A site assistance visit here next week by members of the 106th Signal Brigade and 7th Signal Command will help prepare the post for its upcoming Command Cyber Readiness Inspection, slated for March 2020.
The visit — set to begin Monday — will assess the overall adherence of Fort Leonard Wood’s classified and unclassified networks to published standards and guidance.
The CCRI is a rigorous inspection of the networks and traditional security practices designed to validate the effectiveness of the protection mechanisms that safeguard the Department of Defense Information Network from cyber-attacks and to ensure the confidentiality, integrity and availability of defense information data and services, said Deborah Dowling, Network Enterprise Center information system security manager.
“Cyber security requires teamwork, and cyber vigilance in the workplace is everyone’s responsibility,” she added. “Inspectors will assess different areas of the networks and day-to-day employee workplace operations. This inspection will test everyone’s daily routine.”
The CCRI applies to all organizations on the installation, including contractor-operated facilities, and the inspection team will assess the NEC and any installation organization with classified and unclassified network connectivity.
“Teamwork across the installation will be essential to the success of the CCRI,” Dowling said. “Two-way communication between the customer and the NEC will be a key factor to that success.”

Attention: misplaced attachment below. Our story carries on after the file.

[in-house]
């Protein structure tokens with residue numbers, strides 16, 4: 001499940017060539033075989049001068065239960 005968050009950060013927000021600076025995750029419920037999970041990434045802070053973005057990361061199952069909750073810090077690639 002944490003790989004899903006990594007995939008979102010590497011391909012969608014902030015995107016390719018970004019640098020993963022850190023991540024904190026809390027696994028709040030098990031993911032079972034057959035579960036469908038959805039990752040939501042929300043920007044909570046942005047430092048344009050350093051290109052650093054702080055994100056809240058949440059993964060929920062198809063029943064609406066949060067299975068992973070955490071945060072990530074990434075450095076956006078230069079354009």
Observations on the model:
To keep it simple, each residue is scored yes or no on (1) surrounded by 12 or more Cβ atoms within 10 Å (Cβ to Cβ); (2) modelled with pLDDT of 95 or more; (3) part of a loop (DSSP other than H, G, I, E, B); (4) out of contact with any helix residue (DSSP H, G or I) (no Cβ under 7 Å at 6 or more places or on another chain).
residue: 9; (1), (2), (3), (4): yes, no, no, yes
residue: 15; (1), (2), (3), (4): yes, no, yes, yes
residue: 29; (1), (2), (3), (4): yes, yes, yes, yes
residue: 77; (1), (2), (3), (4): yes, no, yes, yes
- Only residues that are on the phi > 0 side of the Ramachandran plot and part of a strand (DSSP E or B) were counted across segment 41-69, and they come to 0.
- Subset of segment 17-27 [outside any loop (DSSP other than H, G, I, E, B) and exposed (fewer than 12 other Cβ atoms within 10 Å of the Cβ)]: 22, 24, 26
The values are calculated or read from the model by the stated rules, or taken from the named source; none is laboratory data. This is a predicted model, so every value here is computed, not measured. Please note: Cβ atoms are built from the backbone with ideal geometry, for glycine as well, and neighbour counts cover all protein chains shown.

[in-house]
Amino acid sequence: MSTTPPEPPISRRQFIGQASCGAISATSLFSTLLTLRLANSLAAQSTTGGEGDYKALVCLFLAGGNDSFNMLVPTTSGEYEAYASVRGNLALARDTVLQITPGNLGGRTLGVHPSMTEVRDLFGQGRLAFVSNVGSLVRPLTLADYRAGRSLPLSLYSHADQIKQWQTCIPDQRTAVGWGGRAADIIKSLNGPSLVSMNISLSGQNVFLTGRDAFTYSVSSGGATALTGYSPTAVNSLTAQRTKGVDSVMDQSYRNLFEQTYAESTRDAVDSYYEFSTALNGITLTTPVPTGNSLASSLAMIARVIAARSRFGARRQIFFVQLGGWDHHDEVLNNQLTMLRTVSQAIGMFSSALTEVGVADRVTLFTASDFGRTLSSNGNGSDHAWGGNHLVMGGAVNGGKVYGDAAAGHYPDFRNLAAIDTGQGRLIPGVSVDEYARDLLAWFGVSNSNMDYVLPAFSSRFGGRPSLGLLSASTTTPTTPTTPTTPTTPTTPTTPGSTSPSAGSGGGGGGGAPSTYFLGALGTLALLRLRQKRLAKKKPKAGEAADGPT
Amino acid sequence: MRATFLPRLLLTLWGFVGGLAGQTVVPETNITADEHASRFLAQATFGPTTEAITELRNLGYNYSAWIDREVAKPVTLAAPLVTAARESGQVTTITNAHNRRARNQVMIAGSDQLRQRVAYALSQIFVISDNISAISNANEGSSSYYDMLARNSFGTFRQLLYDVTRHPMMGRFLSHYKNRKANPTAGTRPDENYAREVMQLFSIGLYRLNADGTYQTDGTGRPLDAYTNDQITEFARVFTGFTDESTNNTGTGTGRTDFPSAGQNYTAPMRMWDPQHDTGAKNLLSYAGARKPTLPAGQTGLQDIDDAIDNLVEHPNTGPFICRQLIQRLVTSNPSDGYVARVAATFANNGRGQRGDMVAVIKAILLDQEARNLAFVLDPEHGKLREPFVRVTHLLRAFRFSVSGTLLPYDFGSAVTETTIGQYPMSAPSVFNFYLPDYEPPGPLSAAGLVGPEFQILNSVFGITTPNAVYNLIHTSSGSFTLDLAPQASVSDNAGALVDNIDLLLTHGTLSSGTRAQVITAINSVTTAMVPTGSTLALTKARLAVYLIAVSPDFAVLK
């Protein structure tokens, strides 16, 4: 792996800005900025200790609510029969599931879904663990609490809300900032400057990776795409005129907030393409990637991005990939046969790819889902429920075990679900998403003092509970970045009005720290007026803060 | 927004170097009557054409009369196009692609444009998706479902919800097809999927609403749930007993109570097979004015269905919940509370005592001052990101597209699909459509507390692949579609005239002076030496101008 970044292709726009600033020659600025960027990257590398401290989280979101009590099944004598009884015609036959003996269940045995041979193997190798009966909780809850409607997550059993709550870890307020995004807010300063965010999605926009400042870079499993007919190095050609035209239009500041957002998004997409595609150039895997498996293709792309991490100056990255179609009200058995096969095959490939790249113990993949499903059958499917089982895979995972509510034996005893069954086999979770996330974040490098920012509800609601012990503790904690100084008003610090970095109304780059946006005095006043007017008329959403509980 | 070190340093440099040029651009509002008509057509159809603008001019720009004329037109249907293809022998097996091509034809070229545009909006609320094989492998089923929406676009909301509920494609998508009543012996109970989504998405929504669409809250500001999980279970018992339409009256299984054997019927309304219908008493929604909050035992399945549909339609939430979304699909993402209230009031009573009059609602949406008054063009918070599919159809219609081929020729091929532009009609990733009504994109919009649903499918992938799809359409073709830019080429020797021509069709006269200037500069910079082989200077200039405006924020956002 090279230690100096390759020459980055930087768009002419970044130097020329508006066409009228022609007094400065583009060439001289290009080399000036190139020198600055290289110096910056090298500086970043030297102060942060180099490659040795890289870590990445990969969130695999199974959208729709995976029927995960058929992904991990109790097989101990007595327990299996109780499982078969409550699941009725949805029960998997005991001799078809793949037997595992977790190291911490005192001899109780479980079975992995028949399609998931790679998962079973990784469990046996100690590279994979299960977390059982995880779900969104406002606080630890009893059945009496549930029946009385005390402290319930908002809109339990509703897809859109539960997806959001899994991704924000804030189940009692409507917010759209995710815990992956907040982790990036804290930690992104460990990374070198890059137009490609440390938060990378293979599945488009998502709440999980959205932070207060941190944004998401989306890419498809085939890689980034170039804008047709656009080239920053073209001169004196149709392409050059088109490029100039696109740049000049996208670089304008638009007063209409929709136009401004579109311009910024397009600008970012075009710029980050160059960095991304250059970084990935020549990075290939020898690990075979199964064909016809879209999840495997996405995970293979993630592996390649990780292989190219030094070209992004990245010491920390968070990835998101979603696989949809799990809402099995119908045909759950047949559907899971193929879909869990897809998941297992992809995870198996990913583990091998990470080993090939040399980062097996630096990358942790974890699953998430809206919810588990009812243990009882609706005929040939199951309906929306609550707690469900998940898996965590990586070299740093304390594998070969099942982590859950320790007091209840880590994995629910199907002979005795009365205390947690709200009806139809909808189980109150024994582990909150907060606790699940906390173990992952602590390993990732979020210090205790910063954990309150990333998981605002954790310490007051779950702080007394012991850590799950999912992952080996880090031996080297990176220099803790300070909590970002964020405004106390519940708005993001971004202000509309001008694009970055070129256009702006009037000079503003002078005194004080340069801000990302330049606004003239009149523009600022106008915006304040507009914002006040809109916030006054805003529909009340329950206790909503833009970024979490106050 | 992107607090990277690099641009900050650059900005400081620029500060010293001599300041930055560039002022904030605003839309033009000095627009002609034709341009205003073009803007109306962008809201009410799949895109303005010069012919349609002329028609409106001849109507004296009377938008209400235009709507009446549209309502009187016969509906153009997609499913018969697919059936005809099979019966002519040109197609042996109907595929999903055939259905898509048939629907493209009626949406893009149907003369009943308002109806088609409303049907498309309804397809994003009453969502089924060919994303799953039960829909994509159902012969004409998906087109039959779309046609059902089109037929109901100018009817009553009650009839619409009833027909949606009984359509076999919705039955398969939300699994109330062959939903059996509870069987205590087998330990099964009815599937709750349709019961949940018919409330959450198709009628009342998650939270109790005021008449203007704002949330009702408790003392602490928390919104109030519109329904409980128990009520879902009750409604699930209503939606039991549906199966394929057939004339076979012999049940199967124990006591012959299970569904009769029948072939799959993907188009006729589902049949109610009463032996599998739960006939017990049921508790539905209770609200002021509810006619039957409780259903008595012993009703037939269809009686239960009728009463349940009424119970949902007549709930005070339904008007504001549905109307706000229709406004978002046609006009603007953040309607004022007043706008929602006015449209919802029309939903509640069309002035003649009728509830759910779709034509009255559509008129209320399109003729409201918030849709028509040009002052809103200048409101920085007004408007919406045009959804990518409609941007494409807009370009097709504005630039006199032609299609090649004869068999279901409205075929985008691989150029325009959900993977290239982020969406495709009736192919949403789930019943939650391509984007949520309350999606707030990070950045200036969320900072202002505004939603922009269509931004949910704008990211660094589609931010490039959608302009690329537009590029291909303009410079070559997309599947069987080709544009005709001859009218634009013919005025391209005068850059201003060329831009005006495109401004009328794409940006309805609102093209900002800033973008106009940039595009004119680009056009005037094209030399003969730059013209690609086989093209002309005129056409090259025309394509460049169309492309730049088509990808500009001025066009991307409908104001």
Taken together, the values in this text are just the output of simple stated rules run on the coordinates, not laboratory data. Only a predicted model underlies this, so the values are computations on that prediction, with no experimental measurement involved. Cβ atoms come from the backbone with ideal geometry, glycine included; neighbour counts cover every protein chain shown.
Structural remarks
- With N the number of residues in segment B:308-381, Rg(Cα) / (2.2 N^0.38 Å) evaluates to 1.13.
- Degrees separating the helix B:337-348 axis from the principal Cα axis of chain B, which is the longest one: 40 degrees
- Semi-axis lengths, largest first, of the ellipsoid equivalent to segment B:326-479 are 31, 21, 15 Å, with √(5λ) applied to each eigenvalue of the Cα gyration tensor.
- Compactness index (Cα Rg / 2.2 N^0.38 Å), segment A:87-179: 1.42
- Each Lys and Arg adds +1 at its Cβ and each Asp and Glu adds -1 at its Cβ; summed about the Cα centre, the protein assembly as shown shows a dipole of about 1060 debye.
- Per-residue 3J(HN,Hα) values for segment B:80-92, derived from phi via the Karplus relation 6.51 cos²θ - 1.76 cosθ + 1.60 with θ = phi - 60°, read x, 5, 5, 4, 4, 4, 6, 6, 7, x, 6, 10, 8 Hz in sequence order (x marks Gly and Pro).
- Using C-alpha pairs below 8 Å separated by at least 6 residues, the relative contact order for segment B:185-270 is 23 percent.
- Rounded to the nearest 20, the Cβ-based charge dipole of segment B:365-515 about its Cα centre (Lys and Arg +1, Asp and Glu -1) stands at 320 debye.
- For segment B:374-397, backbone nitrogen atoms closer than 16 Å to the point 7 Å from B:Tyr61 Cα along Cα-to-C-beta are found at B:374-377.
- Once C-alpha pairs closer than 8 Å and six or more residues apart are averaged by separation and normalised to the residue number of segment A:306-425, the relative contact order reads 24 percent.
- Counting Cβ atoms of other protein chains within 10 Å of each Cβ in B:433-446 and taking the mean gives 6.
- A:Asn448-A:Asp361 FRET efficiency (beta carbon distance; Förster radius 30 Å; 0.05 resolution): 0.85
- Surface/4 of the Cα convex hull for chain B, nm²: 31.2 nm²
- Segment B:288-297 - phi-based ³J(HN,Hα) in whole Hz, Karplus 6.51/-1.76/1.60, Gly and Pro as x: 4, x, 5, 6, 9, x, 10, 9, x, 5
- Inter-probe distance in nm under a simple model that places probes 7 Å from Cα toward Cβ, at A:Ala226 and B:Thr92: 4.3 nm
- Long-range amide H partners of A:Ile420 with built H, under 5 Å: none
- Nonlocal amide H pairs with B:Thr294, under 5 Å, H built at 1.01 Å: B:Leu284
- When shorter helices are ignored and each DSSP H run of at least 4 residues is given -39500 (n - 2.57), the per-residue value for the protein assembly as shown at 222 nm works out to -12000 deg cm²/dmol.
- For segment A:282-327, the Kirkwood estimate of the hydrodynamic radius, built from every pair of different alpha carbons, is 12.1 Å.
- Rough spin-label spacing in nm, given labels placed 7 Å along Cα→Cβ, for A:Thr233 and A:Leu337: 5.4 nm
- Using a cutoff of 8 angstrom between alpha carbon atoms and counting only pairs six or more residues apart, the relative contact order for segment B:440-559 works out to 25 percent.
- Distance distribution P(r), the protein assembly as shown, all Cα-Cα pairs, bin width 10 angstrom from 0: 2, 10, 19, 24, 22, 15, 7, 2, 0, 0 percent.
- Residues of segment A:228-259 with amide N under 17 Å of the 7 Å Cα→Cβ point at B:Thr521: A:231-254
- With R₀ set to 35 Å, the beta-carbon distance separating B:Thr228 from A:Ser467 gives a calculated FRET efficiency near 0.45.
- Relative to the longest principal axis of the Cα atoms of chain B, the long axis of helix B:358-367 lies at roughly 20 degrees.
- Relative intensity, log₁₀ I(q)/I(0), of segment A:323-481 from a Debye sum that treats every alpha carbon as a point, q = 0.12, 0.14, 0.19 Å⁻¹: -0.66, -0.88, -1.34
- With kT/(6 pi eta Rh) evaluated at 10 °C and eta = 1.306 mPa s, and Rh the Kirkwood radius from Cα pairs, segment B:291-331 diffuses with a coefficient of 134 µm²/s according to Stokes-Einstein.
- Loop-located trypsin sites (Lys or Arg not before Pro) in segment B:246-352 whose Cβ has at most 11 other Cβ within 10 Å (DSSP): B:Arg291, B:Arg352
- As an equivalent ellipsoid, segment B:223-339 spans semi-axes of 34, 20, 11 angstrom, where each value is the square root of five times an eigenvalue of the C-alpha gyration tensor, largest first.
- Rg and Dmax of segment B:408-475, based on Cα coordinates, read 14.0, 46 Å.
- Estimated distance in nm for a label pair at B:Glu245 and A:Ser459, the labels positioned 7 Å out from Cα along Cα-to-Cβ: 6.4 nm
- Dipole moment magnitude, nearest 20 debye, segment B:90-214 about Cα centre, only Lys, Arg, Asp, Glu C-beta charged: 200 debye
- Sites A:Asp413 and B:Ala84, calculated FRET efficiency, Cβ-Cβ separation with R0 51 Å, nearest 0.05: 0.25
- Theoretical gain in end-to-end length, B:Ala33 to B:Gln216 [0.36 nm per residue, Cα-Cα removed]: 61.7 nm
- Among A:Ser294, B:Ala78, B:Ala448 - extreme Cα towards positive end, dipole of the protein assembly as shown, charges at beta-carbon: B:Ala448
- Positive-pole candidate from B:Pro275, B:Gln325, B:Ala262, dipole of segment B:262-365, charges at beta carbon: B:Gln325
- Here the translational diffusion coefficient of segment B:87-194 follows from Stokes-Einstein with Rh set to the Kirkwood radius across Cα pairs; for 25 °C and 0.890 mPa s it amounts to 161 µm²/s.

To ensure Fort Leonard Wood passes the inspection successfully, every unit and network user has a responsibility for being knowledgeable on proper cyber security, traditional security and physical security practices. Commanders and senior civilian leaders at all levels within their organizations are asked to check and re-check that these standards are being adhered to — down to the individual user — to ensure awareness and compliance with cyber security measures, Dowling said.
Tips for vigilant network use:
— Re-read the Acceptable Use Policy. It contains all the basics on compliance when using government computers.
— Log computers off the NIPRNet system at the end of the day and reboot at the beginning of the next day to ensure security patch compliance.
— Power on and log in to SIPRNet systems at least weekly. Staying connected during the entire period is essential to systems getting the required updates.
— Remove Common Access Cards, SIPR tokens and secure all SIPR drop lockboxes and hard drives prior to leaving computers unattended.
— Do not plug unauthorized electronic devices (e.g., thumb drives, hard drives, portable media players or cell phones) into a government computer without an approved exemption letter.
— Label disc media and use classifications markings, such as a Department of Defense Form 2056 (telephone monitoring notification decal), on computers, monitors and phones in a mixed environment.
— Know how to identify and respond to a network security incident by using the network incident reporting aid located on the NEC Information Assurance SharePoint portal.
— Never bring portable or wireless electronic devices within three meters of a classified system.